The following is a guest post from Rob Pitzer, founder and president of Pitzer Research & Analysis. Rob has 15 years experience in membership- and subscription-based organizations and is making his first foray into the association blogging community with a response to a recent series of blog posts from Jeff De Cagna.
I read Jeff De Cagna's three-part series, "Five reasons membership is killing association business models" (here, here, and here), with great interest. As always, Jeff is provocative, and thinking about the issues he raised forced me to drill down and examine some basic assumptions. Before I address his arguments, let's look at those assumptions:
In virtually every association, the membership has a strong say in the direction of the organization, and it exists primarily to serve the personal or professional needs of the membership. These are essentially the defining criteria of a membership organization.
Somewhat confusingly, virtually all associations also have membership programs, through which members are acquired, serviced, satisfied, and renewed. The expenses associated with those programs must be offset by the revenue they produce, or they might be subsidized by other activities within the organization.
Importantly, having a membership program does not make you a membership organization! In fact, at its core, an association's membership program is not fundamentally different than a magazine subscription, a Friends of the Arts program, or membership at a golf club—they all rely on acquiring, servicing, satisfying, and renewing the member within the constraining economics of the parent organization. Where they differ is in the motivation of the member, the goals of the organization, marketing messages, and the benefits they provide.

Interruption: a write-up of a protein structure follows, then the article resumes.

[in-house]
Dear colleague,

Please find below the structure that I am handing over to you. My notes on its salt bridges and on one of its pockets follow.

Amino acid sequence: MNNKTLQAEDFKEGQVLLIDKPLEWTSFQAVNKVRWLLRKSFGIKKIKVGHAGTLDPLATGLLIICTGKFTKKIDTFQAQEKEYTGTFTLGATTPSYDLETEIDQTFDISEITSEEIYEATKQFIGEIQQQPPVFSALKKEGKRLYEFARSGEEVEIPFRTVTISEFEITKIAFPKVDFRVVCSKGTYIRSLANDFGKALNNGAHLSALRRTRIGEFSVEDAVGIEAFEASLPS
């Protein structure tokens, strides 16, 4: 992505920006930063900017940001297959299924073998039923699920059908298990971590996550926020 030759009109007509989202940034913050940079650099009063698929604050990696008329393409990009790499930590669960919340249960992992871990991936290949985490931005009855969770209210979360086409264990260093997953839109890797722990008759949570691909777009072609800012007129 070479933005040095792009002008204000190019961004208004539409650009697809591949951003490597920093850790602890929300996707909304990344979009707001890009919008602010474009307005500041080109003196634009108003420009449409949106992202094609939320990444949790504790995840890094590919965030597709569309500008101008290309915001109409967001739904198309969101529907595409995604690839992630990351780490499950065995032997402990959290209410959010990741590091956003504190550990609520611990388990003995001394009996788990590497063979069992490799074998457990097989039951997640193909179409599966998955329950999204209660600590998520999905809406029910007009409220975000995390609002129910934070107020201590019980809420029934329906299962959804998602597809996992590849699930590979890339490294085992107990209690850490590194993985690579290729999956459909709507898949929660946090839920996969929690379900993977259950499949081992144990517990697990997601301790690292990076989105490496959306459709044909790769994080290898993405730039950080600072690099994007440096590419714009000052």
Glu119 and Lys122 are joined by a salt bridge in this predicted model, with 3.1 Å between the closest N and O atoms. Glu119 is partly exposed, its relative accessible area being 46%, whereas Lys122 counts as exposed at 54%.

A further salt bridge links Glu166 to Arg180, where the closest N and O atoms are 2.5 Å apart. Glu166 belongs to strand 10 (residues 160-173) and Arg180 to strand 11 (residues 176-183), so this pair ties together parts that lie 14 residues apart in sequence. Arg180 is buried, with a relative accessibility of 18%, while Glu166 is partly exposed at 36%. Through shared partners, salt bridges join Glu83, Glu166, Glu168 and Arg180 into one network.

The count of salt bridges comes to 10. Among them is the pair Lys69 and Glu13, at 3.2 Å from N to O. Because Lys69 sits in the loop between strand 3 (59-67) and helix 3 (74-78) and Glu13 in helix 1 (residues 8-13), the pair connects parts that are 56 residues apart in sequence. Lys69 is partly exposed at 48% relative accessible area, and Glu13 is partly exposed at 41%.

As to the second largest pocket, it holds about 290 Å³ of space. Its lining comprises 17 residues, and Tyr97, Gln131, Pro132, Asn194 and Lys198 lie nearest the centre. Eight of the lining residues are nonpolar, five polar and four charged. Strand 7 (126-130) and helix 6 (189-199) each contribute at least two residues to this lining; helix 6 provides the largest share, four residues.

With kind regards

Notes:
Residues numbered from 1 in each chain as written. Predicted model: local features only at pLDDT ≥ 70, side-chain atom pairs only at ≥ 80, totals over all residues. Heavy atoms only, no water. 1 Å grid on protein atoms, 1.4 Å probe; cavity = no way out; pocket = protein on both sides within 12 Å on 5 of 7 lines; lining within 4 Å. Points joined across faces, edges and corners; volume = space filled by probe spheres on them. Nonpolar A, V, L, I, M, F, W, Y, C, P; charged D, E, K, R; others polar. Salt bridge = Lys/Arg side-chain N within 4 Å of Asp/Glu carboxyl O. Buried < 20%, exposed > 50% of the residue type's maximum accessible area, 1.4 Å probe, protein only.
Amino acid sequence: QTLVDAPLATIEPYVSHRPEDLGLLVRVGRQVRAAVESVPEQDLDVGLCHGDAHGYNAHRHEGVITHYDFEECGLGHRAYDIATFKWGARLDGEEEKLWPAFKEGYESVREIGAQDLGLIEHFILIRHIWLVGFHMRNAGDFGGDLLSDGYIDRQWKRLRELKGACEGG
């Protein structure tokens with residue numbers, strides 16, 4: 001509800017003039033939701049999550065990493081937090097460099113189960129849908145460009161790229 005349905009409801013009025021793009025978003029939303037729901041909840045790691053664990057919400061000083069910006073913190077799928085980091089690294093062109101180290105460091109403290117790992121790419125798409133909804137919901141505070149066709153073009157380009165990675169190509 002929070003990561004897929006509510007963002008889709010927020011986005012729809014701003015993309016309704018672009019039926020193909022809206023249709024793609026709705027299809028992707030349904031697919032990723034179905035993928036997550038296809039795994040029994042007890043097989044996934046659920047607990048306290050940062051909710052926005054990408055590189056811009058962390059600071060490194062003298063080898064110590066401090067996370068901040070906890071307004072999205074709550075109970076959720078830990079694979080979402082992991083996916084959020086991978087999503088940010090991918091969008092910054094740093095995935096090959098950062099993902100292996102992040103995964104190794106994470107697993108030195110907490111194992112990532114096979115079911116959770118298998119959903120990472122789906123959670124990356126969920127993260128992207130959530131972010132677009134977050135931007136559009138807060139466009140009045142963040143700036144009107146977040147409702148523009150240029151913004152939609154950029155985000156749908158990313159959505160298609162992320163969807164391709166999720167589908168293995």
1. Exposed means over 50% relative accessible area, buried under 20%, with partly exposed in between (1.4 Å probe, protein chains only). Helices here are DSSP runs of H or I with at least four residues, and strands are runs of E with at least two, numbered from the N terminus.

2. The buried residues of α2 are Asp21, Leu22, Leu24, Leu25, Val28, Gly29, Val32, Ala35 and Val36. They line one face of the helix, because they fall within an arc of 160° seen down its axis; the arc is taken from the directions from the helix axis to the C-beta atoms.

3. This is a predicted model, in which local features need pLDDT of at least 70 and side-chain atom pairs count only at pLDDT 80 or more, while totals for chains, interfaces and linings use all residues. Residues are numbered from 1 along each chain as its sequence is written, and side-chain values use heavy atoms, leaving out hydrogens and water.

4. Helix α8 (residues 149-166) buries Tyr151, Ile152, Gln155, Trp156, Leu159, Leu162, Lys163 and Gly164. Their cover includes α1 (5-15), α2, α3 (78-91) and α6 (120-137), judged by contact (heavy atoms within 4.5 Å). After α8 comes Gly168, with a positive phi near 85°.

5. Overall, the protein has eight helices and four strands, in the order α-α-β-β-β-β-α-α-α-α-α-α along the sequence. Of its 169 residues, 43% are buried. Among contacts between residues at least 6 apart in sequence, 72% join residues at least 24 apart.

Turning to Jeff's specific arguments (summarized here for space):
1. Membership-centric business models organize all value around the membership relationship. NEW DESIGN APPROACH: 21st century association business models must focus on creating radical new value instead of on membership.
2. Membership-centric business models tend to focus on association outputs instead of stakeholder outcomes. NEW DESIGN APPROACH: In designing 21st century business models, association leaders must pay much closer attention to the kind of people their current and future stakeholders wish to become, and the things they wish to achieve in their lives.
These are valid concerns and are related to the difference between offerings and benefits. Over time, association outputs take on lives of their own and their original intent—satisfying the needs of members and providing value to attract new members—becomes obscured. It is critical to periodically review offerings to judge effectiveness and conduct research with current and prospective members to learn how needs are shifting.
However, there is nothing inherent in either membership organizations or membership programs to prevent this review and research from happening. In fact, to the degree that an association is unable to offer enough value to convince people to join, that association will most likely cease to exist.